We’ll always have a simmering adoration for the original M3 that brightened our world back in 1985. That M3 had nearly ideal proportions and still looks so tempting to the eye. It remains a blast to drive, too. That is, whenever BMW lets us take out one of its perfectly maintained museum pieces and tells us to have at it.
We’ve always wanted to be in love with the great big Mercedes CL proper 2+3 luxo-coupe, but it always ended up just sort of sitting there in the shadows of everything else going on around it in Stuttgart. It became such a wee niche that even the car’s project leader Hans Multhaupt was in favor of renaming it the S-class coupe. Frankly? We were always in favor of it, too. Still are
We drove the prototype for the A7 around Beverly Hills with serious police escort back in December 2009. First very superficial impression of the production version is that it is very pleasantly close to the striking prototype. Second one is that the A7 looks great when the rear wing is not deployed and looks silly in back whenever it is. This happens automatically every time we take it over 80 mph.
Well, here we go again, leaping into another car company’s grand attempt to expand the niche into which we’ve niched it. Okay, Mini has definitely also niched itself, but we humans do have a habit of insisting companies can’t change much or we’ll get really angry and whatnot.
Saab’s new Dutch owner Victor Muller is an adamant, outspoken kind of car guy. Exemplifying this sometimes impulsiveness, while we were talking with him near the airport he handed us the key fob to his pre-production 2011 Saab 9-5, and said we could have a spin in it so long as he was our constant passenger.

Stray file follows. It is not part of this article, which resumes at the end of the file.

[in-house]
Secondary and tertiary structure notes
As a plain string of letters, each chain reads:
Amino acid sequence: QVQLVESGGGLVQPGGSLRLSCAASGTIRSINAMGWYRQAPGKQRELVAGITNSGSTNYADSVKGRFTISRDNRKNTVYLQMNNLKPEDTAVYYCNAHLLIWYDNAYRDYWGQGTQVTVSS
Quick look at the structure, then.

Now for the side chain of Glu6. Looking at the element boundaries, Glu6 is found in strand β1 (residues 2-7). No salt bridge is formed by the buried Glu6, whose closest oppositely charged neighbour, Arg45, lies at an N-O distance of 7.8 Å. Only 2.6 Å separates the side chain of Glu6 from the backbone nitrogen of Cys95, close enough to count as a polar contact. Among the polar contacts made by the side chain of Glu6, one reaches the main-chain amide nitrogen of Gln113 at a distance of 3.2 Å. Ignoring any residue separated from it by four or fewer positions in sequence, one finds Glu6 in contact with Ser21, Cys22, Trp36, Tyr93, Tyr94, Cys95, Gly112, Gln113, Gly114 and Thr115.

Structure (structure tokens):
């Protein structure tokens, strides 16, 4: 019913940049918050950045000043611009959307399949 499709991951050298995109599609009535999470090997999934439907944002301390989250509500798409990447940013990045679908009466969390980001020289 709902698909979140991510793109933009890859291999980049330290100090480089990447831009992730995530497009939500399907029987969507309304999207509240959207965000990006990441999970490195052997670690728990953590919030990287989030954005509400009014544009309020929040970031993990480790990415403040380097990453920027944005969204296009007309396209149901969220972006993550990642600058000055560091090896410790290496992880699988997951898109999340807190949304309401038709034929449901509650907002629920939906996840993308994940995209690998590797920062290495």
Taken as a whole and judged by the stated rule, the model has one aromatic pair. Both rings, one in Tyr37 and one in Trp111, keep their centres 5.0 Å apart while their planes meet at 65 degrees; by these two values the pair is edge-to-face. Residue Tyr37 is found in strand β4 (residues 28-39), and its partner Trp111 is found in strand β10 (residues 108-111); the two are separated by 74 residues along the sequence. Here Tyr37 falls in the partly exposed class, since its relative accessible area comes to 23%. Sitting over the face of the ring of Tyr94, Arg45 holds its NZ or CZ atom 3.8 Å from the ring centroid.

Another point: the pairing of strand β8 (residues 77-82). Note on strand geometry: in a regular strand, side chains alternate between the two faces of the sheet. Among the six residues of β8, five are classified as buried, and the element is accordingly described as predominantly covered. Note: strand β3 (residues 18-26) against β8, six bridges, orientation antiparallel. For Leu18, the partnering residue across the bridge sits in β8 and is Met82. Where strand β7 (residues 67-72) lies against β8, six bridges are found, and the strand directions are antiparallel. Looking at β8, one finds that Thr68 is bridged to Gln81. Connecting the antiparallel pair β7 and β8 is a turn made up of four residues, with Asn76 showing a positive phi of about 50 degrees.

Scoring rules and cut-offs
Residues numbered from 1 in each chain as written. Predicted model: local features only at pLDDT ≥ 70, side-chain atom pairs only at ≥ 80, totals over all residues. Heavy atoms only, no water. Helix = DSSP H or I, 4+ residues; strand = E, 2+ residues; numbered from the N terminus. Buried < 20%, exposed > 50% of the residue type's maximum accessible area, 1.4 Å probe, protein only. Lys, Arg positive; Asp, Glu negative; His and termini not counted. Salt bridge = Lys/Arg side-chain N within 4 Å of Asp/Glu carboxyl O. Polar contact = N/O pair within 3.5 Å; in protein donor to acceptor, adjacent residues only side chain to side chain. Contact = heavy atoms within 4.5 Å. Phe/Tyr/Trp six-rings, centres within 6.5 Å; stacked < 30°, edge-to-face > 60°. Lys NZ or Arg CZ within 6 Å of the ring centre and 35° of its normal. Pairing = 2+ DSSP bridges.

Two generations ago—the A208 CLK-Class convertible of 1996 to 2002—this was a masculine-looking car. Today’s recently discontinued generation A209 CLK convertible was more leaning toward the feminine side with nearly 65 percent of purchases having been made by the fairer sex worldwide.
Out here on the flight-connection expressway, we’re right now in Stuttgart just before the Geneva auto show. We’re at this stop first and foremost to see Mercedes-Benz’s new direct-injected and twin-turbo engine called M157 that will fully replace the current M156/M159 (the latter in the SLS) within two years’ time. It’s still a big-cylindered V-8, but it’s now an all-aluminum AMG-specific version from scratch of the former Benz 5.5-liter motor that AMG had been using for a long time in previous-gen models (and still uses in the SLK etc).
Proof that the new mid-engine V-6 Lotus can do it all in good hands.